# Computing Azimuth and Elevation using GPS coordinates

Discussion in 'General GPS Discussion' started by steve, Sep 23, 2003.

1. ### steveGuest

I have been looking into how to compute Azimuth and Elevation from a
fixed set of coordinates (ground level) to a moving set of coordinates
(an aircraft) assuming both sets of GPS coordinates are known (Lat /
Long / El). The idea is to allow a motorized highly directional antenna
to be pointed (open loop tracking) at an aircraft which is above the
horizon with respect to the ground station. The aircraft will be
broadcasting its GPS coordinates to the ground station.

I am sure that someone has derived the solution for this problem, so I
thought I would toss out a query to the group.

Does anyone have some helpful suggestions where I might find links or
references regarding this problem? I've been googling all day I have been looking at converting both sets of coords into cartesian and
then computing Az / El, but sadly I am struggling with how to get Az and
El from the cartesian coords -- perhaps if I sleep on the problem....

Regards,

Steve

steve, Sep 23, 2003

2. ### KBHGuest

I have been looking into how to compute Azimuth and Elevation from a
Well, convert to UTM.and say that the North coordinate of Point A is An, the
East coordinate of Point A is Ae, the North coordinate of Point B is Bn, and
the East coordinate of Point B is Be. The direction of A to B is
InvTan((Be - Ae) / (Bn - An)) . If (Be - Ae) is positive that is East
direction while if (Be - Ae) is negative that is West direction. Next if
(Bn - An) is positive that is North direction while if (Bn - An) is negative
that is South direction. So the result is a four-quadrant direction. For
example S20E as a four-quadrant direction would be 160 degrees as a
clockwise azimuth from North...

Next calculate the distance Ds from A to B as the square root of ((Be -
Ae)^2 + (Bn - An)^2) .

Now, it was said that the elevations of the two points are known so call the
difference in elevation as Df. The vertical angle is InvTan(Df / Ds) .

Finally, if the situation busts UTM zone boundaries then ellipsoid inverse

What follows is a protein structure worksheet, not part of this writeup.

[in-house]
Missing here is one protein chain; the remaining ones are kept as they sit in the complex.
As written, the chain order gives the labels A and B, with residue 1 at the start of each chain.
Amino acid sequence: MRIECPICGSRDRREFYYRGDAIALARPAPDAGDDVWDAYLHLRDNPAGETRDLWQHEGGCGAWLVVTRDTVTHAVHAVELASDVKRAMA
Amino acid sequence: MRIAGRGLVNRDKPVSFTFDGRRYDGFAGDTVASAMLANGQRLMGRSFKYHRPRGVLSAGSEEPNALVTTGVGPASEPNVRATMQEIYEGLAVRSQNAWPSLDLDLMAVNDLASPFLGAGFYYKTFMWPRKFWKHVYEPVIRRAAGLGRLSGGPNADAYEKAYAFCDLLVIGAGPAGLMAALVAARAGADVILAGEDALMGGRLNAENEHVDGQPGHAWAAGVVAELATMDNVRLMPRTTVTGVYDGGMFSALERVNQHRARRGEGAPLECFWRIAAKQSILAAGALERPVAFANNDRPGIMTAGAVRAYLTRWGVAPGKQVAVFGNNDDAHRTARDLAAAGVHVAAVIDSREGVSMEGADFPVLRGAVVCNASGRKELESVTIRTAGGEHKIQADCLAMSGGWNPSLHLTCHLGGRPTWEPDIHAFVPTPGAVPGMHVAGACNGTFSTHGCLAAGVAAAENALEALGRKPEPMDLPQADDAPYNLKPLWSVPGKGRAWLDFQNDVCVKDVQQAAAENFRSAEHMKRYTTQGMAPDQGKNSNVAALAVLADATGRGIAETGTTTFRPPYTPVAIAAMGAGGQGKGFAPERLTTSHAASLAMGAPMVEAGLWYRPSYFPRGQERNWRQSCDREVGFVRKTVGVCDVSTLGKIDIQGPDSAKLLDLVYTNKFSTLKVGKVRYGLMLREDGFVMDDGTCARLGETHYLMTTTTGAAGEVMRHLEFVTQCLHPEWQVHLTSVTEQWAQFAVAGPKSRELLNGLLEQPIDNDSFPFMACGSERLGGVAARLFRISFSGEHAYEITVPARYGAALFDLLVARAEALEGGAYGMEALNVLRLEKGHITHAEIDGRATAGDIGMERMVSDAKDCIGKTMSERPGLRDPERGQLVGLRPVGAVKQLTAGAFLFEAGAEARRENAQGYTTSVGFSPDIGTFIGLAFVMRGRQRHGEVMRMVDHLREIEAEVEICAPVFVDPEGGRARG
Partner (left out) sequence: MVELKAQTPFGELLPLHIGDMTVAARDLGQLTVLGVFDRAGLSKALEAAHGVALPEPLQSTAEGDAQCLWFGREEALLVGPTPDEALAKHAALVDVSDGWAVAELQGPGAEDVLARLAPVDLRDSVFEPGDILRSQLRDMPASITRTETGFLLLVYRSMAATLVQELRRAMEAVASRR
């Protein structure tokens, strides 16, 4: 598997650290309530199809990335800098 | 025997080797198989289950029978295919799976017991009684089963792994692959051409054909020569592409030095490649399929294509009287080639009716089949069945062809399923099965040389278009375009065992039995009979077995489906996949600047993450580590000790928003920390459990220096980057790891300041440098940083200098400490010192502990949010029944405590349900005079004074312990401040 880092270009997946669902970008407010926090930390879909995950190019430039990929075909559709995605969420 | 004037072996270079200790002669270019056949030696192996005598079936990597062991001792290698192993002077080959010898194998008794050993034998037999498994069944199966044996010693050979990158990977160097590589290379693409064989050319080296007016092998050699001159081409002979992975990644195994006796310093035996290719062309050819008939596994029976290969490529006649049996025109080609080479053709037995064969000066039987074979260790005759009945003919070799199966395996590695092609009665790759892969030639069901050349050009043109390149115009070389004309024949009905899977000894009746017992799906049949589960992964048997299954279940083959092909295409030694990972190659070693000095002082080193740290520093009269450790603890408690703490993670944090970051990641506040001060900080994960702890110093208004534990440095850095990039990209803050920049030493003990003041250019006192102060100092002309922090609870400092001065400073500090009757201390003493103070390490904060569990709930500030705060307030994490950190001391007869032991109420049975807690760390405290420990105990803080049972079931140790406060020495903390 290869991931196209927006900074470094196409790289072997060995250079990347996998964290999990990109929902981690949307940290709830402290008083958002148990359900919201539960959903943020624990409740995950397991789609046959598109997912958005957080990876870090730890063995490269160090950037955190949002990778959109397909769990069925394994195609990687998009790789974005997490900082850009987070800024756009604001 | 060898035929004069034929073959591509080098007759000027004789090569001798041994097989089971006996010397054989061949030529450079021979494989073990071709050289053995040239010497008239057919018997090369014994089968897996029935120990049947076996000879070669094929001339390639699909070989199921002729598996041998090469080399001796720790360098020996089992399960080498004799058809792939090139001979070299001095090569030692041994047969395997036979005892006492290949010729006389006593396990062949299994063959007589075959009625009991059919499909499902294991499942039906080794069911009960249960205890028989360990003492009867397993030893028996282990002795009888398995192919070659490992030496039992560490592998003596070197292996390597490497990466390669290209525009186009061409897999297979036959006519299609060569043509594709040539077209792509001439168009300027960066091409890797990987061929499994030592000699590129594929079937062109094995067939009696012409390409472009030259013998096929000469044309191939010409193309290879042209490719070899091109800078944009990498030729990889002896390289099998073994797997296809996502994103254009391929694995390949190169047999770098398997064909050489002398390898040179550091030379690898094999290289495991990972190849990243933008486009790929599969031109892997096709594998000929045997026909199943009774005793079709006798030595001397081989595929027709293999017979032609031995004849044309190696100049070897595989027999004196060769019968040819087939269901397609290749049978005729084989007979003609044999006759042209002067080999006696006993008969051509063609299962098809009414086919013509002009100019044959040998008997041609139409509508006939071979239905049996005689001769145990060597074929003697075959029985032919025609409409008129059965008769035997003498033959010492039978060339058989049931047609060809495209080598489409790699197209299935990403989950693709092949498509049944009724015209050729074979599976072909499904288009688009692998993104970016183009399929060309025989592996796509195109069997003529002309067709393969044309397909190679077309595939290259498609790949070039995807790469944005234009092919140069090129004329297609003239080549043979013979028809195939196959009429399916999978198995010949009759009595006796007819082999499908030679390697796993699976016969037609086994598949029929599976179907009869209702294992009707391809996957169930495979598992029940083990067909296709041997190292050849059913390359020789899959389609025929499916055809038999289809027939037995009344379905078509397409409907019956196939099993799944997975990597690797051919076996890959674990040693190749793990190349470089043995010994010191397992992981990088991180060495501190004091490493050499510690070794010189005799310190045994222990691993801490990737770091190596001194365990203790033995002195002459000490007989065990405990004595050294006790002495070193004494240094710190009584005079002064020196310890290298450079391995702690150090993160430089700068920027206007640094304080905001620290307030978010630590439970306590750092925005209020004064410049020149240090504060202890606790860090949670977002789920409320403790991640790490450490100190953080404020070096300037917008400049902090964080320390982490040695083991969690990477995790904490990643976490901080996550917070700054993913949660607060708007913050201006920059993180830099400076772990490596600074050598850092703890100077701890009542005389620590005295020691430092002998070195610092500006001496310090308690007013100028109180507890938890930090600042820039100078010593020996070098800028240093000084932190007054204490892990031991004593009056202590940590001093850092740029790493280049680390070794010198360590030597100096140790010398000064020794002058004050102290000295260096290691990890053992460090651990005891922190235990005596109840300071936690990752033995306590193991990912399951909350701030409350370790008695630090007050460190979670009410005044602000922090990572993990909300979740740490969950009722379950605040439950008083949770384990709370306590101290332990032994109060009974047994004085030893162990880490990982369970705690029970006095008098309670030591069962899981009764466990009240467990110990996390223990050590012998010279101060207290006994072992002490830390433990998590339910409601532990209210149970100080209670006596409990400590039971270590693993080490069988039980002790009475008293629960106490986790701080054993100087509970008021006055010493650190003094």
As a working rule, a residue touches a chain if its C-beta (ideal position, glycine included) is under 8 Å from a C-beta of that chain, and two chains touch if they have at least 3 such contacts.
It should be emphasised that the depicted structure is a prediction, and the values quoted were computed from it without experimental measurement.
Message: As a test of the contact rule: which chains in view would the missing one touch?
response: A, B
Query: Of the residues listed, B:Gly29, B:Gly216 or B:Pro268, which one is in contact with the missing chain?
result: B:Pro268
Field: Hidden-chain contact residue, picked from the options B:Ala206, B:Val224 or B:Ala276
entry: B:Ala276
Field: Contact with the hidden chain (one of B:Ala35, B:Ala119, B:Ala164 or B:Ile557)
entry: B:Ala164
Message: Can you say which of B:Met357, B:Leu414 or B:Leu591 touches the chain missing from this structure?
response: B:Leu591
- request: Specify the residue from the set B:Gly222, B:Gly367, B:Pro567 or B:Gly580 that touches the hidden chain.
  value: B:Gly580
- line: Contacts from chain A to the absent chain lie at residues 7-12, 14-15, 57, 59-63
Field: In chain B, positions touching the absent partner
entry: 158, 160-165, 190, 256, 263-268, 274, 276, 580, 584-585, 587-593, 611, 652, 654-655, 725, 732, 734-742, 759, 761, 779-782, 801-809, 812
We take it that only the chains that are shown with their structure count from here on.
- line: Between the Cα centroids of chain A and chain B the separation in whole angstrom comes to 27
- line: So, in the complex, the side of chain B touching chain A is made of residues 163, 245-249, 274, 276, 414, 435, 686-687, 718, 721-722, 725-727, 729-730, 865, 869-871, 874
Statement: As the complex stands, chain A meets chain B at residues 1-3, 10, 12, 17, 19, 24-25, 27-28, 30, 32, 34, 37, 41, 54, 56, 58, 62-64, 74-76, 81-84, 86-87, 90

calculations for direction and distance are going to be needed.

KBH, Sep 23, 2003

3. ### Hal MuellerGuest

Escobal's "Methods of Orbit Determination" (1976) has a nice treatment of
coordinate conversions in the appendix. I think it's still in print.

Hal Mueller, Sep 23, 2003
4. ### steveGuest

I managed to solve the problem and generate an excel spreadsheet that
computes antenna pointing azimuth and elevation from earth station and
aircraft GPS (WGS84) coordinates.

Although this solution seems to work well based upon some specific
simple test cases, there are still some rough edges to work, including
how to avoid trig functions 'blowing up' as well as 'divide by zero'
errors that can be induced at certain latitudes and longitudes I may
move to quaternian methods to avoid these annoying issues. Also I expect
to utilize statistical or Kalman filtering to 'smooth out' the dish
movement commands which will be based on periodic updates of aircraft
location.

The methodology involved first converting the GPS 84 coordinates to a
cartesian 'earth centered' coordinate system, then subtracting the
coordinates to generate a pointing vector, then finally transforming
this vector to a cartesian coordinate system (North, East, Height) based
upon the earth station GPS coordinates. I knew that this solution had
already been done, and I was able to find references to it without
bursting too many blood vessels. If anyone has further interest in this solution, post a message here and

All in all it was a fun exercise that had me lurking in the local
technical library for reference material, and brushing up on my matrix
and linear algebra skills which have become a bit rusty from lack of use.

Regards,

Steve

steve, Sep 24, 2003
5. ### Richard LemayGuest

Steve,
You may want to look at the following link:
http://williams.best.vwh.net/avform.html
While I don't recall seing a formula for elevation, I am sure you would be
able to find a simple formula for the height of the radar horizon at a given
distance and that it would be relatively easy to figure out a simple trig
formula for the elevation.

Richard - ve3spd

Richard Lemay, Sep 26, 2003
6. ### Ed WilliamsGuest

R= radius of earth, (lat,lon,h) aircraft position, (lat0,lon0,h0)
base station. All angles in radians. Lengths in common units.

y =R*(lat-lat0) //Northing
x =R*(lon-lon0)*cos(lat0) // Easting
z =h-h0-(x^2+y^2)/2R // height
azimuth = atan2(x,y)
elevation = atan2(z, sqrt(x^2+y^2))

should be accurate enough, even though it assumes a spherical earth.

http://williams.best.vwh.net/avform.htm#flat

Ed Williams
i

Ed Williams, Sep 26, 2003